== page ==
The teen told Drayden to follow him into the house. There he shot the boy twice, killing him. 

The shooter went back outside and got into the truck. At this point he took time to send some text messages. 

  • "im done with life." 
  • "just killed 2 ppl"
  • "bout to shoot ip the school"

School rampage begins 

It was 1:02 p.m. CST when the armed teen drove into the school parking lot. He walked into the school, first without a gun, looked around the common area and then left. On his way he saw a group of his friends but he didn't speak to them. 

He then grabbed the shotgun from the truck, stuffed ammunition in his pockets and re-entered the school where 150 students and teachers were going about their normal day. 

Seeing the gun, students started to run. The teen started firing. He fired at least three shots as he entered the main entrance. Some of the pellets hit a young football star in the chest.

He shot another student in the chest and right arm and a third in the stomach and left calf. 

An RCMP officer in the school in La Loche (Don Somers/CBC)

Teacher Adam Wood went to the school's office and called 911.

The boy then took aim at Phyllis Longobardi, the school's assistant principal. His first shot missed, but the second struck her in the right forearm and wrist. 

Longobardi ran into a nearby classroom and closed the door. She, too, called police. 

After turning away from Longobardi, the teen aimed and fired at another student through the main entrance doorway. She was hit by shattering glass and pellets on the left side of her body.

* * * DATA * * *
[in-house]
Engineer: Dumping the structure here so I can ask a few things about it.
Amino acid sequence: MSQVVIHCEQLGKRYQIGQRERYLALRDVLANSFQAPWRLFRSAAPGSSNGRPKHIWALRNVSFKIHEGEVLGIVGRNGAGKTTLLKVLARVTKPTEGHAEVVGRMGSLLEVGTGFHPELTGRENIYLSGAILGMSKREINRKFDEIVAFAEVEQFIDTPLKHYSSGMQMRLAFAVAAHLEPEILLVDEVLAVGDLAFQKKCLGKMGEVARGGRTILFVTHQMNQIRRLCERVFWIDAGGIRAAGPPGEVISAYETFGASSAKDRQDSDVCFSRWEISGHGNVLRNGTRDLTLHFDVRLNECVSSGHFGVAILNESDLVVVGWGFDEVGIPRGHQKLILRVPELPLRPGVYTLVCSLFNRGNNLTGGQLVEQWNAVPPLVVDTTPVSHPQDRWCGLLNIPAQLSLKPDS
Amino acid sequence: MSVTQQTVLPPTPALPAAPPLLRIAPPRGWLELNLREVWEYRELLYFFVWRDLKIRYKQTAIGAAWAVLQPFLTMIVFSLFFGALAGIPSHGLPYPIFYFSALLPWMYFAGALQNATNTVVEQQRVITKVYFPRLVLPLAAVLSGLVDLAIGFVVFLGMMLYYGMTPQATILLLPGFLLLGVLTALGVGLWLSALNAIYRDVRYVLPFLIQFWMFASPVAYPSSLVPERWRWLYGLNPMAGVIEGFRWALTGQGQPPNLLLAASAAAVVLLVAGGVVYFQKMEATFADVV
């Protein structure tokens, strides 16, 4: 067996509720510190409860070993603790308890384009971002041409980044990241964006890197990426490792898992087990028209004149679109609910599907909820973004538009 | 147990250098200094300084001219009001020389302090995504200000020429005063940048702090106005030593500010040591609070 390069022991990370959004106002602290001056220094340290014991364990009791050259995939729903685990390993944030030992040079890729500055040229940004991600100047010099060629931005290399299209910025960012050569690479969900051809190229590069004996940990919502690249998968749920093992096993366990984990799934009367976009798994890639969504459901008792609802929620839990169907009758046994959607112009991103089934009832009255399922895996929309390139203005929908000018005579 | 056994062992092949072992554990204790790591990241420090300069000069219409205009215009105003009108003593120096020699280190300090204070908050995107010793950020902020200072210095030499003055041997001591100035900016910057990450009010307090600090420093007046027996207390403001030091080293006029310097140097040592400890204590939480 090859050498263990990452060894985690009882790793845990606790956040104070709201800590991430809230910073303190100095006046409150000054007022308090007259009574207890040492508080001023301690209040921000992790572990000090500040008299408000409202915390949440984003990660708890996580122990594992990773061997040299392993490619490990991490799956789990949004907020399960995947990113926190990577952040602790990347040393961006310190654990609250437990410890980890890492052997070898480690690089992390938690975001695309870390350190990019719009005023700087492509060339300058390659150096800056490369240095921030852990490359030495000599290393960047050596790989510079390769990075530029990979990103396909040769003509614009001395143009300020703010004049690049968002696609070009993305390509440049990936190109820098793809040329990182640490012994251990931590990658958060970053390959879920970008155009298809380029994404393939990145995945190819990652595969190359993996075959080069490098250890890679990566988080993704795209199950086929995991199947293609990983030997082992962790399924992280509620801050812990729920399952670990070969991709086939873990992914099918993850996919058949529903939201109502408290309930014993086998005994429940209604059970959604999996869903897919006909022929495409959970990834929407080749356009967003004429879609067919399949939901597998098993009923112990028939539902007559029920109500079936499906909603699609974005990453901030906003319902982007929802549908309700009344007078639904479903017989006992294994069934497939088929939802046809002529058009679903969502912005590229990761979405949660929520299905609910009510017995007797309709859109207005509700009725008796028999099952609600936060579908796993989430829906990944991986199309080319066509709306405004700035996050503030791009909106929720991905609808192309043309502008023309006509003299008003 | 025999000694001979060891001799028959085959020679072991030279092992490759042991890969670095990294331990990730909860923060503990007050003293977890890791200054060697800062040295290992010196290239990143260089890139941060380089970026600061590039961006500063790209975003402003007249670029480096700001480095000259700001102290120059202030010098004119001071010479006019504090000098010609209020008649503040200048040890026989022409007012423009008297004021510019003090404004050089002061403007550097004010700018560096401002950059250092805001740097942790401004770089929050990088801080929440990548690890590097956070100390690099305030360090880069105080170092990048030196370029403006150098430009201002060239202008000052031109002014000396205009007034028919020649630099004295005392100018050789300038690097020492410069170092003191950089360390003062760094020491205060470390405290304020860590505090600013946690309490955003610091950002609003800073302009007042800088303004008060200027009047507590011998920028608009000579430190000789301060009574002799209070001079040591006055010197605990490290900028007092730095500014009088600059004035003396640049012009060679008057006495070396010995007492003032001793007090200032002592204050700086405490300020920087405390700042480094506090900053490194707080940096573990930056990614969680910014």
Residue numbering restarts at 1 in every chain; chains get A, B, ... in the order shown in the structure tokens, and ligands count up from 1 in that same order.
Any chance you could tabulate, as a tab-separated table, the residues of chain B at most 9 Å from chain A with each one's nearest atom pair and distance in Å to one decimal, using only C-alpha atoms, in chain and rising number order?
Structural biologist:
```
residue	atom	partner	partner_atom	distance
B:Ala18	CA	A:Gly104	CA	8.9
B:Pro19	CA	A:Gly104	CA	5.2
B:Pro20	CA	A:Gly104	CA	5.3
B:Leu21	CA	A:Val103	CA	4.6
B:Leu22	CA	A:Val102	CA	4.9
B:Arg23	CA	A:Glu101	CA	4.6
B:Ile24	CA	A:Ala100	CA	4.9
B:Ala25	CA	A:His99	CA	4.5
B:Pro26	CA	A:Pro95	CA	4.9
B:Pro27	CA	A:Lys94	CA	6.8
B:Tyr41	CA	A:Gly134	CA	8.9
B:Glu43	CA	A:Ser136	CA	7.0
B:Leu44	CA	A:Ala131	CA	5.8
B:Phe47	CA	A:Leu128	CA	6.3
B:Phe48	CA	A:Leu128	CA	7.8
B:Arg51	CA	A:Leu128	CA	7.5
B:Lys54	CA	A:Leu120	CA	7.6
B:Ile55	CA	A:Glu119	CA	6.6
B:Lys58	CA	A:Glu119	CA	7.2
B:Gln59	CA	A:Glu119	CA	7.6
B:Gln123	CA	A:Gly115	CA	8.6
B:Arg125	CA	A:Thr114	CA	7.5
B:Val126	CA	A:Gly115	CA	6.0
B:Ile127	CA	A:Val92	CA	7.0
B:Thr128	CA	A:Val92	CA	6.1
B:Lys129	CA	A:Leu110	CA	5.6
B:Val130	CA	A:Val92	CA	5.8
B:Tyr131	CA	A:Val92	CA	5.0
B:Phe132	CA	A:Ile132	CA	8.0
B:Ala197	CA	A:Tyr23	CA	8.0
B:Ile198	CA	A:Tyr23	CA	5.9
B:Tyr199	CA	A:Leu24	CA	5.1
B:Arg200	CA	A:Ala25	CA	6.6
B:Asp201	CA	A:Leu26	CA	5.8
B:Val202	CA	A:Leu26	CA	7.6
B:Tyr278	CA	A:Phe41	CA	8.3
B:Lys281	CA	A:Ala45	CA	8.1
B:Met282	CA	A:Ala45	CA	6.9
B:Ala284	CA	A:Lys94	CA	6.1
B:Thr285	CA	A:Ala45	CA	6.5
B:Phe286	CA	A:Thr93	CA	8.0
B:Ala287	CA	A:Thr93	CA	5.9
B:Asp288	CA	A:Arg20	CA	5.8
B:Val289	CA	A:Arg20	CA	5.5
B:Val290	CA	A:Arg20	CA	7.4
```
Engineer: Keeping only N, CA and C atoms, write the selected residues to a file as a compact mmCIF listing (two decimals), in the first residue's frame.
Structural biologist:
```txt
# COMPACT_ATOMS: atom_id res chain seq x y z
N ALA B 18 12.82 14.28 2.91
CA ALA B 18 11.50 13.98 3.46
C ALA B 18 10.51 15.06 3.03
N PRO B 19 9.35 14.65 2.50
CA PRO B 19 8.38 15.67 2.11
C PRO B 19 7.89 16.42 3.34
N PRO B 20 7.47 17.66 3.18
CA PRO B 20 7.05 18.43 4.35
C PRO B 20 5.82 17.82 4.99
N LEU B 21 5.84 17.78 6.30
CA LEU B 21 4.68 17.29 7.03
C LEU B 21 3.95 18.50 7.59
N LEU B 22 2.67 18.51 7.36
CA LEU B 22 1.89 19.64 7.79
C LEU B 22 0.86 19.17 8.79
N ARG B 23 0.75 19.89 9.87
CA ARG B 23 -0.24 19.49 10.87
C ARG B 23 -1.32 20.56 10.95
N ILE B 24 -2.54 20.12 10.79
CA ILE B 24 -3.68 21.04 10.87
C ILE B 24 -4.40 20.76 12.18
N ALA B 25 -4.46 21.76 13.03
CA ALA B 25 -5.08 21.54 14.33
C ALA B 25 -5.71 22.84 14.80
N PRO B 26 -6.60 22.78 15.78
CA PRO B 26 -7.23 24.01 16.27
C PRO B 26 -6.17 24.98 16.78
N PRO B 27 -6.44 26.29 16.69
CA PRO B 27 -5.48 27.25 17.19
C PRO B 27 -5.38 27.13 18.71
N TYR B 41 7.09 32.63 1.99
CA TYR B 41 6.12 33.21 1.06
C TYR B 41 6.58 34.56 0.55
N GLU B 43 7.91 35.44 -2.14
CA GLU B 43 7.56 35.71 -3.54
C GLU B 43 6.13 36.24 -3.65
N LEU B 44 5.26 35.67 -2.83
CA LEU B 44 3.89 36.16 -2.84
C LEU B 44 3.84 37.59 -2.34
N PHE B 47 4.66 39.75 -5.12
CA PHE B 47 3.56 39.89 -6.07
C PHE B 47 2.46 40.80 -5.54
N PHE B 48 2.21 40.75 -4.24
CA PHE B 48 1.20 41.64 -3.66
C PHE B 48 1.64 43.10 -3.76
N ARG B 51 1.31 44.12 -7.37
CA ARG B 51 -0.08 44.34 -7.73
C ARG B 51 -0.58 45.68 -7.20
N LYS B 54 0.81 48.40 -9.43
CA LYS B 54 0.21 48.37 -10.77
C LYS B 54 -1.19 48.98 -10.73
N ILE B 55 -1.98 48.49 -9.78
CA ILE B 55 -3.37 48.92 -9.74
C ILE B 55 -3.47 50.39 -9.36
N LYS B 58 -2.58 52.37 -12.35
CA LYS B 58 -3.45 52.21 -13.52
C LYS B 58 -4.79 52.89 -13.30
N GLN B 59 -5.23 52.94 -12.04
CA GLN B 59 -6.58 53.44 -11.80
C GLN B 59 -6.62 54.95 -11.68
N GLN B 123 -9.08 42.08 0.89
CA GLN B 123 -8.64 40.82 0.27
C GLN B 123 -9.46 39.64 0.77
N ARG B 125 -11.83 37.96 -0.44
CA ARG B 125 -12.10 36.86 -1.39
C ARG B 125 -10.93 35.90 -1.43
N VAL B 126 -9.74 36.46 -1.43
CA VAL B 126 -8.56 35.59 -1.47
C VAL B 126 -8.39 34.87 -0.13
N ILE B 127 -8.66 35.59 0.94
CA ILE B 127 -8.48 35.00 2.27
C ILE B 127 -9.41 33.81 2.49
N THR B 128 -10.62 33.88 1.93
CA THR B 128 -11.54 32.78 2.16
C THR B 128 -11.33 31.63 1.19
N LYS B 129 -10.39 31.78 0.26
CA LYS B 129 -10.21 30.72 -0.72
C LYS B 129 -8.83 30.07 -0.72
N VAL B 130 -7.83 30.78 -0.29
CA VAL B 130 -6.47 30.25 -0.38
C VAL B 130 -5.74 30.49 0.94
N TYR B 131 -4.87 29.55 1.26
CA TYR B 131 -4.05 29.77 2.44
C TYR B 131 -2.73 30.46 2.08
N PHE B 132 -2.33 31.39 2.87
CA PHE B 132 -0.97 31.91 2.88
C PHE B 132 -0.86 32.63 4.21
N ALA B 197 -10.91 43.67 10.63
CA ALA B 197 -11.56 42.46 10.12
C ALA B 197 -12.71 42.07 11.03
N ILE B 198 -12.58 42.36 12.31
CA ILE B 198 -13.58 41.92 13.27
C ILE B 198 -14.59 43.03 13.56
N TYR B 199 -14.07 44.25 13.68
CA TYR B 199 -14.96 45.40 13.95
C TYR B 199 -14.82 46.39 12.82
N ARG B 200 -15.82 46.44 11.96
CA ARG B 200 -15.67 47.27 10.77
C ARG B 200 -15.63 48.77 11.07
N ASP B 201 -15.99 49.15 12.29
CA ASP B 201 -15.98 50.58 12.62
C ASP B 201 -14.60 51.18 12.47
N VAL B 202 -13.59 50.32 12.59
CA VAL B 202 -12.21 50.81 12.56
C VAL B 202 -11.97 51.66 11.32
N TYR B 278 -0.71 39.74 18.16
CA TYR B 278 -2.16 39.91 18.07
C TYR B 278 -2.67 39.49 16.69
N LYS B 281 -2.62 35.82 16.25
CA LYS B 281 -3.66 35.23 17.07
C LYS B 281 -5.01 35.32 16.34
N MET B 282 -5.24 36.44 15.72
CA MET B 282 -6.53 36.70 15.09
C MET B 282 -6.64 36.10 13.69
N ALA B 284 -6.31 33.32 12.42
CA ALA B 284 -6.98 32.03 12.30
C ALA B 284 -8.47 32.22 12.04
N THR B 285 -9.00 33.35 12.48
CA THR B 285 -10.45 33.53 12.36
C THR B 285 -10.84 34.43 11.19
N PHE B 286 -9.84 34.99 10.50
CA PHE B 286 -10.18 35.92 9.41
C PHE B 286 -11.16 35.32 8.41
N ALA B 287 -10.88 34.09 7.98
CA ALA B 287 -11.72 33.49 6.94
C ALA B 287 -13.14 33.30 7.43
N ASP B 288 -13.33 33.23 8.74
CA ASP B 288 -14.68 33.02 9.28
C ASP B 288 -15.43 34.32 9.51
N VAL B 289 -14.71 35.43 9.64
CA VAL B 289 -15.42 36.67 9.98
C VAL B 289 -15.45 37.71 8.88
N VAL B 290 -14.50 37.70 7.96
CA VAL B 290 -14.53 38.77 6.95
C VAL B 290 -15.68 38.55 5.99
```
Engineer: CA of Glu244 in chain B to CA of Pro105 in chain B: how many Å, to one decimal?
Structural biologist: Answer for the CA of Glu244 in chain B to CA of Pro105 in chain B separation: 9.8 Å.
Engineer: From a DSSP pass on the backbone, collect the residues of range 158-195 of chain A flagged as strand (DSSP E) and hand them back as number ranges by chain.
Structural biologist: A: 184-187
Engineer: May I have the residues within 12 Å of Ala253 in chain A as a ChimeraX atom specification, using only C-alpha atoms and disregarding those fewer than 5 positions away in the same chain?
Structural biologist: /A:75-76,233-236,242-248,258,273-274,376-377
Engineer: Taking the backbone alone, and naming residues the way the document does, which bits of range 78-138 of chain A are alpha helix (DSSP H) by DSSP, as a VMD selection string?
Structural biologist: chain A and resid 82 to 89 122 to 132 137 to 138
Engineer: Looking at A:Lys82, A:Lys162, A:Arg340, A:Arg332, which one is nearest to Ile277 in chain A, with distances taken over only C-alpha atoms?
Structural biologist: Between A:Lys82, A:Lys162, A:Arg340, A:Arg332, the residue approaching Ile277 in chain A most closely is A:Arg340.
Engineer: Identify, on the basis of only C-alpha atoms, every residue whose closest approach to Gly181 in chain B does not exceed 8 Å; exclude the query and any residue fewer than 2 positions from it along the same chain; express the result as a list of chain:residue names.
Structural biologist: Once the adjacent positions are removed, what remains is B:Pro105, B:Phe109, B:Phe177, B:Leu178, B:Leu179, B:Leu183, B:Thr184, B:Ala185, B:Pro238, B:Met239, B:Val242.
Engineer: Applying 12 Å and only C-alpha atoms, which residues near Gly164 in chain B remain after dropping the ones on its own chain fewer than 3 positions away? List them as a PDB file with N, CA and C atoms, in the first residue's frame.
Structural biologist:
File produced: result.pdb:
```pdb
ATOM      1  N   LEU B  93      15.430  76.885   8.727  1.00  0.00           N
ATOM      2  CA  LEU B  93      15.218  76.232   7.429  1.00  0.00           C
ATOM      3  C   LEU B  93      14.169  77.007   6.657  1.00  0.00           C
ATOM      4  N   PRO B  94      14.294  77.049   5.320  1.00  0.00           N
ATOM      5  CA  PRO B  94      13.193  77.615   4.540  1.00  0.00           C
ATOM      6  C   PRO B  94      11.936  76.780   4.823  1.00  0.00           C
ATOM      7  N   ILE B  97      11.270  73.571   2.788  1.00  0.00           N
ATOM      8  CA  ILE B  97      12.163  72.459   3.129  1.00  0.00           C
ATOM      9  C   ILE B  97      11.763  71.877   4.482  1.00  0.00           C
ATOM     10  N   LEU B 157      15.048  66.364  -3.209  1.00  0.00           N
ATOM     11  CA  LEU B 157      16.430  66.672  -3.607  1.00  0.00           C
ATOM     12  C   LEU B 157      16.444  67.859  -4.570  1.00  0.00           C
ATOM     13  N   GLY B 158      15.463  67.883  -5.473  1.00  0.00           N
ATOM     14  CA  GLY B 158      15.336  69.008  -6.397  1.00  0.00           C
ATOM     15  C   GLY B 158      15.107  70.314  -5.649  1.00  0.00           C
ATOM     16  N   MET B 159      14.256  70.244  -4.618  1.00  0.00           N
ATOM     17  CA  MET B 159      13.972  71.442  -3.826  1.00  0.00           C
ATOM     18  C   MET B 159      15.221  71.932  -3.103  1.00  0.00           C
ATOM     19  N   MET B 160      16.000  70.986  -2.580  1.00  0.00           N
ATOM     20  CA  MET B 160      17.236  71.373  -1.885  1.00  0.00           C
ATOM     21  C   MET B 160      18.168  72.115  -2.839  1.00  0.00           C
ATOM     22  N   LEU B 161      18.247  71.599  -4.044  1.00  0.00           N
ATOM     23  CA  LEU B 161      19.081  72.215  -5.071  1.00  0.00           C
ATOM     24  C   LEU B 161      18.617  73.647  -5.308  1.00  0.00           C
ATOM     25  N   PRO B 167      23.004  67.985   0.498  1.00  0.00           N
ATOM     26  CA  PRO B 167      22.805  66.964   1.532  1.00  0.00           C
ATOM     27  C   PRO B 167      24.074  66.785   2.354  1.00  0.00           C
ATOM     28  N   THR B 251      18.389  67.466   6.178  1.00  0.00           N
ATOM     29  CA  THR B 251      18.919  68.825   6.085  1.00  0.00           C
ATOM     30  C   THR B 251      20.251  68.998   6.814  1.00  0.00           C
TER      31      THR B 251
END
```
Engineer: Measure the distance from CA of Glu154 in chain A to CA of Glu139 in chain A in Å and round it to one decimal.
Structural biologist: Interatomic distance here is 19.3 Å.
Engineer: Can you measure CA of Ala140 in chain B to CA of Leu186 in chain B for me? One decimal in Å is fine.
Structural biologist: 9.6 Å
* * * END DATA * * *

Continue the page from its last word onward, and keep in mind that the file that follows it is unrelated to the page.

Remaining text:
The teen then went to the school's main office, where he found Wood. He shot the teacher once in the stomach at close range. After Wood fell to the floor, the shooter took aim again. The second shot would prove to be fatal. 

After leaving Wood bleeding on the floor of the school office, the teen began stalking the hallways, checking doors and looking through windows. 

He fired into one classroom, hitting substitute teacher Charlene Klyne who was sitting at her desk. Teacher's aide Marie Janvier rushed to help Klyne and was shot in the neck and chest. She died of her wounds. 

After shooting Janvier, the teen continued to walk the hallways, gun in hand. 

Marie Janvier and Adam Wood were also victims of the teen shooter. (Facebook)

At one point he saw a student running and chased after him. The shooter ran after the student but wasn't able to catch him.

The teen's final victim would be teacher Christie Montgrand, who was shot in the back in her classroom. She survived. 

He then went back to the common area of the school where he fired one last shot into a display case, shattering the glass.

By this point, a lone RCMP officer had entered the school, gun drawn, searching for the shooter. For three minutes he searched the school.

Police investigators gather evidence at the La Loche Community School on Jan. 23, 2016. (Jason Franson/The Canadian Press)

The shooter was actually alone in a school washroom. He had one shotgun shell left and would later admit to contemplating suicide. 

Instead, after a few moments, he set the gun down and left it leaning against a sink counter. He exited the washroom and found the police officer, telling him, "I'm the shooter." 

He was arrested. 

While being escorted out of the school in handcuffs, he told police that they should check the home of Drayden and Dayne Fontaine.